Can A Woman Give Birth Vaginally After Coccygectomy?

Can A Woman Give Birth Vaginally After Coccygectomy?
  • Giving birth to vaginally can cause or worsen coccyx pain (tailbone pain, coccydynia).
  • During childbirth for a vaginal delivery, the baby passes through the birth canal, which can cause pressure and trauma onto the coccyx.

Recently I was asked whether giving birth to vaginally would be likely to  worsen the tailbone pain in a woman who had previously undergone coccygectomy (surgical  amputation or removal of the coccyx, tailbone)

  • Theoretically, if a person’s coccyx was removed, it is therefore “out of the way” and no longer obstruct the birth canal.
  • Still, most people have some degree of ongoing discomfort/pain in the coccyx area even after coccygectomy. So there is a risk that pregnancy and especially giving birth can make the pain even worse.
  • Certainly no one can guarantee whether a vaginal delivery will or will not flare-up a given individual’s pain, even after coccygectomy.
  • I do not know of any published study showing how patients do with giving birth vaginally after coccygectomy, so there is not really any substantial research-based data upon which a given person can make their decision.
  • So some of the decision comes down to what makes the most sense for a given woman.
  • For my own patients, if someone had a coccygectomy and is now considering giving birth vaginally, I generally use their current level of coccyx pain as a ballpark indicator of how much risk there would be for the vaginal delivery flaring up the pain in that area.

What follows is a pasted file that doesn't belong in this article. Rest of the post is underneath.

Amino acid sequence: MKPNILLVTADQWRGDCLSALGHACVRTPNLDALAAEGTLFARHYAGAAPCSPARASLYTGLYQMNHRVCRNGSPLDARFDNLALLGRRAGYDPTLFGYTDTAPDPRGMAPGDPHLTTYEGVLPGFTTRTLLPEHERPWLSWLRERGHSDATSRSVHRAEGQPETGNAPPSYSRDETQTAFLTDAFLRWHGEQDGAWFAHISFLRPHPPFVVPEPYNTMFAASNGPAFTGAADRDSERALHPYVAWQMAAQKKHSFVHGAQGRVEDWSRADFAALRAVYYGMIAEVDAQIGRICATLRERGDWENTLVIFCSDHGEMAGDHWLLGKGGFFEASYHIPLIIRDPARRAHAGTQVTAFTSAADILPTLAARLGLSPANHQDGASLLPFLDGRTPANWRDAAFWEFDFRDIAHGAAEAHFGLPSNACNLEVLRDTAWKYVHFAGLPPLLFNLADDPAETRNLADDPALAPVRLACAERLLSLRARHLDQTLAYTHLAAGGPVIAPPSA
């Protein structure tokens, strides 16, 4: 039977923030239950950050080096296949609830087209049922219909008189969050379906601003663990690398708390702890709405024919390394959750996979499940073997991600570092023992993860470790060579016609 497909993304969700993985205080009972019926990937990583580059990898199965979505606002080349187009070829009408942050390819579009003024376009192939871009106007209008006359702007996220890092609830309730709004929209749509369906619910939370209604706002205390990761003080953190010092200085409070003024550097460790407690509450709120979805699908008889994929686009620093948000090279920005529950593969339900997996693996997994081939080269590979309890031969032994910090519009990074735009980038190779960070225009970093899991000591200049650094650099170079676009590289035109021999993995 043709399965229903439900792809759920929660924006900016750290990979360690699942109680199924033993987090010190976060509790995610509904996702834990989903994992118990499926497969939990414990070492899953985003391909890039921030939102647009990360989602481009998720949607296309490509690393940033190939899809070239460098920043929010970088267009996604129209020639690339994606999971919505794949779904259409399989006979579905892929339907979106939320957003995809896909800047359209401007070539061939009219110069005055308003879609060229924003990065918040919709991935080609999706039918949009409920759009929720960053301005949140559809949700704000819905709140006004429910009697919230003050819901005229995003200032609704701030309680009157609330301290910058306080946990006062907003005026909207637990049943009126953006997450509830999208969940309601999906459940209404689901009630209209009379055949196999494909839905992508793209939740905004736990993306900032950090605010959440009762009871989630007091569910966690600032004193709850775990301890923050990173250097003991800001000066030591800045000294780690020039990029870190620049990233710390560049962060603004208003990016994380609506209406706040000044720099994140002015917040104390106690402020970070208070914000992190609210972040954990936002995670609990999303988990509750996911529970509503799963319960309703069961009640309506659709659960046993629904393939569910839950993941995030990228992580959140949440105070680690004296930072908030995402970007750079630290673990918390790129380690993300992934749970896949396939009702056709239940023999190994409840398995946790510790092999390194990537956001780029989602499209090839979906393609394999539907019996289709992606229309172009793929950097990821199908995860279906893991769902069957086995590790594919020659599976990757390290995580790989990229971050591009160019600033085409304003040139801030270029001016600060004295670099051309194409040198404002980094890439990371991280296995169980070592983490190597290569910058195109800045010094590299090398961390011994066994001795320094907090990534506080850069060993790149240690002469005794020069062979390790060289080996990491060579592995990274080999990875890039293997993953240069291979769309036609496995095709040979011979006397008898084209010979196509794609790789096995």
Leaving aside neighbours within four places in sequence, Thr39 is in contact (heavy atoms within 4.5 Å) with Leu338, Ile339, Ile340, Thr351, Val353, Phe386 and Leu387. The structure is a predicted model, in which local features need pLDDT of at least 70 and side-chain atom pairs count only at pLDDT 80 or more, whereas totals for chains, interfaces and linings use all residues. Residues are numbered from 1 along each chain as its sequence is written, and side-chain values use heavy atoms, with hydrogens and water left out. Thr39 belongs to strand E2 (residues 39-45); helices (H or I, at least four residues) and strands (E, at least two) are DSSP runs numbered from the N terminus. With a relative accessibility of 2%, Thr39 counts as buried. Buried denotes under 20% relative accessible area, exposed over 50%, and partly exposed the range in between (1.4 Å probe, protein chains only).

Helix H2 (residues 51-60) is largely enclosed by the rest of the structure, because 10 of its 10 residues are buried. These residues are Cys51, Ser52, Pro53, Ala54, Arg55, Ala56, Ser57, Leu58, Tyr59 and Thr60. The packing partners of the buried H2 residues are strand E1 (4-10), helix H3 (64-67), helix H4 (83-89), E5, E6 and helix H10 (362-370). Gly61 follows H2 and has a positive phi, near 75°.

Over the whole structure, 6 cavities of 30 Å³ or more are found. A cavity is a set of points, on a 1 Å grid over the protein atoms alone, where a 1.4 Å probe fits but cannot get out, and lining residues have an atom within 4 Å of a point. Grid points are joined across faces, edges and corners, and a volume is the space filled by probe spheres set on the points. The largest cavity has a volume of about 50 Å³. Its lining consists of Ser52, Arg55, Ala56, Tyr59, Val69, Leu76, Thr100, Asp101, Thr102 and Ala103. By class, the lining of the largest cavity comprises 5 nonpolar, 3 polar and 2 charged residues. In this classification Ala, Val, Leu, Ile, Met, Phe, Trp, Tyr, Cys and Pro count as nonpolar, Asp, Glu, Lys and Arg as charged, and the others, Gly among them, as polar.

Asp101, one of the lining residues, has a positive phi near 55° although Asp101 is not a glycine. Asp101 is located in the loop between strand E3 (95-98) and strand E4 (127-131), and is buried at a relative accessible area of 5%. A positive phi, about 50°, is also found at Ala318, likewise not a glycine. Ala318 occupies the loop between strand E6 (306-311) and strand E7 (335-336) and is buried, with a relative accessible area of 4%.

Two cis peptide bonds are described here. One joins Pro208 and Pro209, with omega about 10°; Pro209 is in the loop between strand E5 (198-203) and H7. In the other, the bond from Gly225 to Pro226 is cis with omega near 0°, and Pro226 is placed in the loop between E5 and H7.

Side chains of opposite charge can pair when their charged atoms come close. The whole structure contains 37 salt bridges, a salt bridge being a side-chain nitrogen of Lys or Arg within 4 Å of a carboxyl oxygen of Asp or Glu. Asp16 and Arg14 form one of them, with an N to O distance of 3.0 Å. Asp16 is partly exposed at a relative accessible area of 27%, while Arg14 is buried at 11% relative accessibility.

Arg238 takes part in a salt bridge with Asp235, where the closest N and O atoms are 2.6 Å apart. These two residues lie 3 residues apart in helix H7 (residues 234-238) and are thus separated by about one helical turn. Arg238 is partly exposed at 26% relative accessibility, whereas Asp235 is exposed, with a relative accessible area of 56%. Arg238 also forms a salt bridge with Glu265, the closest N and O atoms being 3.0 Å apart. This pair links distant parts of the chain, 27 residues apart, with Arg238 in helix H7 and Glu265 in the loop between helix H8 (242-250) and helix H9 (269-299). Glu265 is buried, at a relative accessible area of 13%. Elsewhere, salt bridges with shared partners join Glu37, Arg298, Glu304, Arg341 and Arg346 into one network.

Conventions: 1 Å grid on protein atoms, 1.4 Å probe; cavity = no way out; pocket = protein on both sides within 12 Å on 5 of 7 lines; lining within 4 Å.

• (If the pain in the coccygectomy area is already pretty bad, then most likely the labor/delivery will make it even worse, in which case it may make sense to consider delivering via C-section [cesarean section]. Alternatively, if the patient had an excellent outcome after coccygectomy and has had multiple years with little or no pain in that area, then they probably have a significantly better chance of delivering vaginally without a substantial flareup, although of course there are no guarantees.)
  • There is no one “right” answer that will work for *all* patients.
  • Each patient needs to discuss the options with their in-person treating physicians.
Female Pelvis, showing the Uterus, Sacrum, Coccyx, Tailbone, etc.

Female Pelvis, showing the Uterus, Sacrum, Coccyx, Tailbone, etc.

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- Patrick Foye, M.D., Director of the Coccyx Pain Center, New Jersey, United States.

Patrick Foye, M.D.
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Patrick Foye, M.D.

Founder and Director at Tailbone Pain Center
Dr. Foye is an expert at treating tailbone pain (coccyx pain).

His personable, private-practice office is located on a modern, renowned, academic medical school campus, at Rutgers New Jersey Medical School.

For an appointment, call 973-972-2802.
Patrick Foye, M.D.
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